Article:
Forgiving and Forgetting


Dear Rabbi, I know we should try to fix any bad relationships with family or others. However, there is a person who I just can’t bring myself to forgive. Can you help me out here? Thanks.



  1. Congratulations! You’ve already taken the first and most important step in fixing matters by your self-examination and desire to forgive and forget. Aside from any religious angle involved to forgiveness, I think that putting this all behind you will bring you greater tranquility and happiness.

    Having said that, forgiving can sometimes be very, very difficult and I can only encourage you to do so by sharing with you three of Judaism’s teachings through the millennia.

    First, forgiveness is important since it is a “Jewish thing” by our heritage. Our Rabbi teach that a person who won’t forgive is not a descendant of Abraham. A distinguishing trait of his descendants is that they are forgiving. This unique quality of forgiveness was a gift that God gave to Abraham and his descendants.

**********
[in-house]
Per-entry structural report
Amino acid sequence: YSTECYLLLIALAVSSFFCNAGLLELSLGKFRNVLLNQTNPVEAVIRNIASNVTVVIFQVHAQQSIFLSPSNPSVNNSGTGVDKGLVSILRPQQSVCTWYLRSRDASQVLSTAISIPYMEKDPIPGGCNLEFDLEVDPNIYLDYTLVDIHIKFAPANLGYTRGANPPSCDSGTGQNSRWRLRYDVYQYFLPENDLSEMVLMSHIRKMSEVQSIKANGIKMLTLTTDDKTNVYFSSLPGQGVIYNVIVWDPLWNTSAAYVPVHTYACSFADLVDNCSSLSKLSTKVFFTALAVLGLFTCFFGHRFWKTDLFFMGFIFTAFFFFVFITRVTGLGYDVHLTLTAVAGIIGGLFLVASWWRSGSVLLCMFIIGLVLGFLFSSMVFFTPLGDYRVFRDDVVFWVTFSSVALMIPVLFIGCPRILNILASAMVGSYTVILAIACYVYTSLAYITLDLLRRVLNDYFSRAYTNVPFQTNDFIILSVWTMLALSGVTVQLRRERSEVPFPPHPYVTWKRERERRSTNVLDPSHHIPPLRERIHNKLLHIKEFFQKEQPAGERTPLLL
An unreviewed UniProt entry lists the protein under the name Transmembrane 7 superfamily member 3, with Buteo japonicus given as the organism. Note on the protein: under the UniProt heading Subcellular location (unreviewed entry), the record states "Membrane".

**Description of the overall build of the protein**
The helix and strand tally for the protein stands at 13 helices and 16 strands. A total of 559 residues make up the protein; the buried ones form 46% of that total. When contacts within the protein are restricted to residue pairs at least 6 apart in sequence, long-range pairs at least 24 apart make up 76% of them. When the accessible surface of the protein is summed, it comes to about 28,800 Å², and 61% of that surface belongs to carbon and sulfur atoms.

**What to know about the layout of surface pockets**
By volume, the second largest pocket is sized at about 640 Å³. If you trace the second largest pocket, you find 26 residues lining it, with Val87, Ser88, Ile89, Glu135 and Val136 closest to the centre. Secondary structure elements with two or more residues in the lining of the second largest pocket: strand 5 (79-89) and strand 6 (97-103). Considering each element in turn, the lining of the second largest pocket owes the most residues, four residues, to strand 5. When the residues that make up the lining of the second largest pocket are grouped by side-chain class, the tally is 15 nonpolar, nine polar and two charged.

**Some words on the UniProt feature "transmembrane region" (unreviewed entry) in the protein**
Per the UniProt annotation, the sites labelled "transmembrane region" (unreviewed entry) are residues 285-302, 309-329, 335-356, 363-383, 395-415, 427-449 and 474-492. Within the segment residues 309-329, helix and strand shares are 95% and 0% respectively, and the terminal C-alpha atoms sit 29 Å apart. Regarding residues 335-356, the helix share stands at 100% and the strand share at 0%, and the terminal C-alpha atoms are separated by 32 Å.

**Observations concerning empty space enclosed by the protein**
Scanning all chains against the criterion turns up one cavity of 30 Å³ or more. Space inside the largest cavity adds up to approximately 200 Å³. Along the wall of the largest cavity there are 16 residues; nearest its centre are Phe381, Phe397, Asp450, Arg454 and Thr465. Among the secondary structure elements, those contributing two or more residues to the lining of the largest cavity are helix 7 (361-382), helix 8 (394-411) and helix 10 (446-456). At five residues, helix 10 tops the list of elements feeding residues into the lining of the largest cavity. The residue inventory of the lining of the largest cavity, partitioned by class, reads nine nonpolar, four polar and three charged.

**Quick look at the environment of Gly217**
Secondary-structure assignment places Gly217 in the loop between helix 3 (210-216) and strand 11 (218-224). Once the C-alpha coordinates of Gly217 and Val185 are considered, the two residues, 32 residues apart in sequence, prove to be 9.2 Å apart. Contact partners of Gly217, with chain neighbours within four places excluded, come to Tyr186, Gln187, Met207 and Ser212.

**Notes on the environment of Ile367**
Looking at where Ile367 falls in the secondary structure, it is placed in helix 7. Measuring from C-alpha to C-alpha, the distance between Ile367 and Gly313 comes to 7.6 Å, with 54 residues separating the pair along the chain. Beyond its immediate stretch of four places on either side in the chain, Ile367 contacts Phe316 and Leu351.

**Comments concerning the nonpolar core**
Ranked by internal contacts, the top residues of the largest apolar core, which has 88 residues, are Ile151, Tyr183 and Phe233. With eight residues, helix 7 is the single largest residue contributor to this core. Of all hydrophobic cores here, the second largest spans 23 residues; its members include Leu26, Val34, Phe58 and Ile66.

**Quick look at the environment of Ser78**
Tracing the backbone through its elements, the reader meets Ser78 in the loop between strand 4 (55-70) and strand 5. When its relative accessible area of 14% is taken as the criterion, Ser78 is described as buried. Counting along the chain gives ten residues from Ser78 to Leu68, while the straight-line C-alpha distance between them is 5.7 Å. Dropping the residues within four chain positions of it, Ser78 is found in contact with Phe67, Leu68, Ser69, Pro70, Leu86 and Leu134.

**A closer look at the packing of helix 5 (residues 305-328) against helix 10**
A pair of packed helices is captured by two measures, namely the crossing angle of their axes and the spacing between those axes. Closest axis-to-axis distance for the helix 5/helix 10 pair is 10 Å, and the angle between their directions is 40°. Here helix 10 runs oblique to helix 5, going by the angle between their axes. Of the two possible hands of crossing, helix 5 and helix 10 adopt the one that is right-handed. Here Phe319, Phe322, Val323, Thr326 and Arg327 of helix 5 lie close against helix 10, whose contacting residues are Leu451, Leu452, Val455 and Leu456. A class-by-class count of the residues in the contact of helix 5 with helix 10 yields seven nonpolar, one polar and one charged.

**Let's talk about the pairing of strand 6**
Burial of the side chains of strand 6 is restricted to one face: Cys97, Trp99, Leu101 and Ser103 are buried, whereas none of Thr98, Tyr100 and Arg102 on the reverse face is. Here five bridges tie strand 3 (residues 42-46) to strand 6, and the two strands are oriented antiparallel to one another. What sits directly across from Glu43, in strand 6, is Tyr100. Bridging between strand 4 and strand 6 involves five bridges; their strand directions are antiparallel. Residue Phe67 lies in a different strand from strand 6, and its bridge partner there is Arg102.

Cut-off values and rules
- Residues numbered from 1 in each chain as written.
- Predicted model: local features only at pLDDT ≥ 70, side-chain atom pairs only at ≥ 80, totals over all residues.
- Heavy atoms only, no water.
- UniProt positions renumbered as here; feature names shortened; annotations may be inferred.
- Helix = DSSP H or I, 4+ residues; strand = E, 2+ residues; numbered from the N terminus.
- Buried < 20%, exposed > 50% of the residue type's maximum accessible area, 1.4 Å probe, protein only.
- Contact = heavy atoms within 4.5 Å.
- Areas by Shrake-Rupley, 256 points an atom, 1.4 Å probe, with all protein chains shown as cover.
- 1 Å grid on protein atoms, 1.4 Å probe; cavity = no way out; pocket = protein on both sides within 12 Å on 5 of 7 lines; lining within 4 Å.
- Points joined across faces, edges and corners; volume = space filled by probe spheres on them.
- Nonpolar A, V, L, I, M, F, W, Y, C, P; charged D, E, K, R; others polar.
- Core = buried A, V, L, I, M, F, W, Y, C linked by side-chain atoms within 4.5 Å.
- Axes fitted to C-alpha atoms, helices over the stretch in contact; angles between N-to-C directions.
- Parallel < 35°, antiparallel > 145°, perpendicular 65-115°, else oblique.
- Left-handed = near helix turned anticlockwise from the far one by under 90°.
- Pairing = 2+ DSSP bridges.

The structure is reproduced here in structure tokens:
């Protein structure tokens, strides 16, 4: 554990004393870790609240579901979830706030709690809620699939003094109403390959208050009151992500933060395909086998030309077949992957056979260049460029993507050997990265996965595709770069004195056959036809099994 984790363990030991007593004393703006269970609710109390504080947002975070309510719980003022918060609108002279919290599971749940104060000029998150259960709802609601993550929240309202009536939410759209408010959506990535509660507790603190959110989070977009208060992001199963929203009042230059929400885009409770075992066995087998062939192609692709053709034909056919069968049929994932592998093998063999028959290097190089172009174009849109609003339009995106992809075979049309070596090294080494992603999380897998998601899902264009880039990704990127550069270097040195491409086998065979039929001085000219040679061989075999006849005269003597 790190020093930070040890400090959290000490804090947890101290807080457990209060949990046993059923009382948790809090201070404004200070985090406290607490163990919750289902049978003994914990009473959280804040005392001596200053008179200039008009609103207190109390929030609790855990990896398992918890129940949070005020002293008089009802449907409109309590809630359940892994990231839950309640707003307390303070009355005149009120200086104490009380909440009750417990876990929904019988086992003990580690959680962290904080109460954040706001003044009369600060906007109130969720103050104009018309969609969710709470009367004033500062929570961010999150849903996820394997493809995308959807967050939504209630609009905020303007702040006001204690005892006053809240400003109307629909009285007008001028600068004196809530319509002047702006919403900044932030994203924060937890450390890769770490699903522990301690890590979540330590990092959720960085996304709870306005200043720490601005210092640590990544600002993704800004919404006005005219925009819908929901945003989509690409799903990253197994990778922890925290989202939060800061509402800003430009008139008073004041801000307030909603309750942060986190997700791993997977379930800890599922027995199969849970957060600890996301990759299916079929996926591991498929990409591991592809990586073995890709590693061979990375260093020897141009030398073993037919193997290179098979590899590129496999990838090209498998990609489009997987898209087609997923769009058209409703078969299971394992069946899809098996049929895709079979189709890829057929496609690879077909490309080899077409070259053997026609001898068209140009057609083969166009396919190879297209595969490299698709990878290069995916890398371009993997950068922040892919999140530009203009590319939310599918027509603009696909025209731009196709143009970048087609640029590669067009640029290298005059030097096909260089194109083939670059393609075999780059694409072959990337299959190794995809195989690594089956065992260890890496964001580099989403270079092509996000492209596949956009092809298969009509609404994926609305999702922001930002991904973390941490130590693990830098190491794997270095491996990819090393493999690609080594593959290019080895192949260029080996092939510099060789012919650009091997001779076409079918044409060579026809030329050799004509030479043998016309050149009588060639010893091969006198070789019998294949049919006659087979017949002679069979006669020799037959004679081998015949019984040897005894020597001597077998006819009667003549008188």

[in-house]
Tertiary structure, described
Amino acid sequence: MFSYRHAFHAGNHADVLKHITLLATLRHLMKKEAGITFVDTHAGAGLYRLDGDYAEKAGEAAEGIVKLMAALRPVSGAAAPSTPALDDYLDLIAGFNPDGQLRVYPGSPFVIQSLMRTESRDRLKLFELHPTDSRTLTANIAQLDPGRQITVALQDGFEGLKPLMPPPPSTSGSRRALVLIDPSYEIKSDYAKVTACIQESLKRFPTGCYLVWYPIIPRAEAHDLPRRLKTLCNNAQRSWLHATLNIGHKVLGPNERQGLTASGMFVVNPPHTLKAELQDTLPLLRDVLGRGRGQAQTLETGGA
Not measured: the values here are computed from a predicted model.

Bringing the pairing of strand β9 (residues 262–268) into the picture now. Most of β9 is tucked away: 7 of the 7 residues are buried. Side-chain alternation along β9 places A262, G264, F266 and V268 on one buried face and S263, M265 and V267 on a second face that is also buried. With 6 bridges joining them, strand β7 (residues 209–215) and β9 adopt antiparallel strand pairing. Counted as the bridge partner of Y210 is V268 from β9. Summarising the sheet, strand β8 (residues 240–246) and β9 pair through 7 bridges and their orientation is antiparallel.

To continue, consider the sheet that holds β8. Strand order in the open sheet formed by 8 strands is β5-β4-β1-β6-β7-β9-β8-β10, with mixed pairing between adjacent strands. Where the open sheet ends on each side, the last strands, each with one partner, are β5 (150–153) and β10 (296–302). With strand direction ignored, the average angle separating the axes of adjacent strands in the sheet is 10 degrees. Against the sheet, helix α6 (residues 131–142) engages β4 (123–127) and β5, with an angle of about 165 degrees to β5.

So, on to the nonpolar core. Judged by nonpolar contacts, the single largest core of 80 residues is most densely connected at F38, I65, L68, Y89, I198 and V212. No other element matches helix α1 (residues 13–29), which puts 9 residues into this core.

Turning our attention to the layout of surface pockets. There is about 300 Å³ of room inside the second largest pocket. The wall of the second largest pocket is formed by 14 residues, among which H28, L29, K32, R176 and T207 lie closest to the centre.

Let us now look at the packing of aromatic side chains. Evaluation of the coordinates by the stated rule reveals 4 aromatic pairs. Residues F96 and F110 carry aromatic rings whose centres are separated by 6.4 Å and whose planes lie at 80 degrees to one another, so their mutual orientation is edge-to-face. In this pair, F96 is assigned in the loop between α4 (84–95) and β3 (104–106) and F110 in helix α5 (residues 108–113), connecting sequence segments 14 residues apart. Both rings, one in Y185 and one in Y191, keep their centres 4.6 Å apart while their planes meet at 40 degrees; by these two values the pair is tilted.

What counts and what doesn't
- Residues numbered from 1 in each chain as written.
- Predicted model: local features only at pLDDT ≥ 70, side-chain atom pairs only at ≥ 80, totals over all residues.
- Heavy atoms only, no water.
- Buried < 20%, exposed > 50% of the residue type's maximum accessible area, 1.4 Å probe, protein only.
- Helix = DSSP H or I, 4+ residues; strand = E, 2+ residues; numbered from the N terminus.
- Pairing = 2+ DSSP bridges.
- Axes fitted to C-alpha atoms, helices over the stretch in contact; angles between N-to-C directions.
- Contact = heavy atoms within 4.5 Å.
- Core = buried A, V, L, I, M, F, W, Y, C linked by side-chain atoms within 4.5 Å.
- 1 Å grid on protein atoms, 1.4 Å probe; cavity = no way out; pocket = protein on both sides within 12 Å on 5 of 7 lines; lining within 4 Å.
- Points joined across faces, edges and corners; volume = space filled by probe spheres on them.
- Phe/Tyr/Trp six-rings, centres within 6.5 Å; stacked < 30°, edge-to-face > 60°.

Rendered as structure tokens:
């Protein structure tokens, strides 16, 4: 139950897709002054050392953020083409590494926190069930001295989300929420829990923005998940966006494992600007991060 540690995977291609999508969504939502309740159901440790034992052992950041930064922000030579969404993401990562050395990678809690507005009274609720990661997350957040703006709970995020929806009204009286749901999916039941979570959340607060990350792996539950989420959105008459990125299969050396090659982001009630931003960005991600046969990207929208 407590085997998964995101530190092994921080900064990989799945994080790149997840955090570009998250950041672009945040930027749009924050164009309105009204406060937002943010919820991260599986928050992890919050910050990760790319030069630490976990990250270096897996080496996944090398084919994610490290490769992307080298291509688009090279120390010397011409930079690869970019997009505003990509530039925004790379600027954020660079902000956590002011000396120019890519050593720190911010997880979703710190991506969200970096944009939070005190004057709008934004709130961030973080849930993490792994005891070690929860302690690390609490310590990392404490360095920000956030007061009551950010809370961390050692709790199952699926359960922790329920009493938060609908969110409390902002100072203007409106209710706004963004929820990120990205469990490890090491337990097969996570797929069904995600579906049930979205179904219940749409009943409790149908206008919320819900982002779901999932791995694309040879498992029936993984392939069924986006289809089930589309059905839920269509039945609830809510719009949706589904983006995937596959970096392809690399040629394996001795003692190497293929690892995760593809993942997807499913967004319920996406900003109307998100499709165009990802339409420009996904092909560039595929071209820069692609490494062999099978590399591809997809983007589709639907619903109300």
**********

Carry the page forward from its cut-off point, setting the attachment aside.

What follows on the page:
Secondly, forgiving others actually betters one’s own standing. As our Sages teach, “All who act mercifully (including forgivingly) toward other people will be treated mercifully by Heaven, and all who do not act mercifully toward others will not be treated mercifully by Heaven.”

    A third reason to forgive is the most altruistic one. We were created to imitate the ways of our Creator (Imitatio Dei). Just as God is merciful and forgives our errant ways, likewise we should try to imitate this path of forgiving others who have wronged us. This emulation of God includes not bearing a grudge, not taking revenge, and many other ethical teachings of Judaism.

    Best wishes from the Team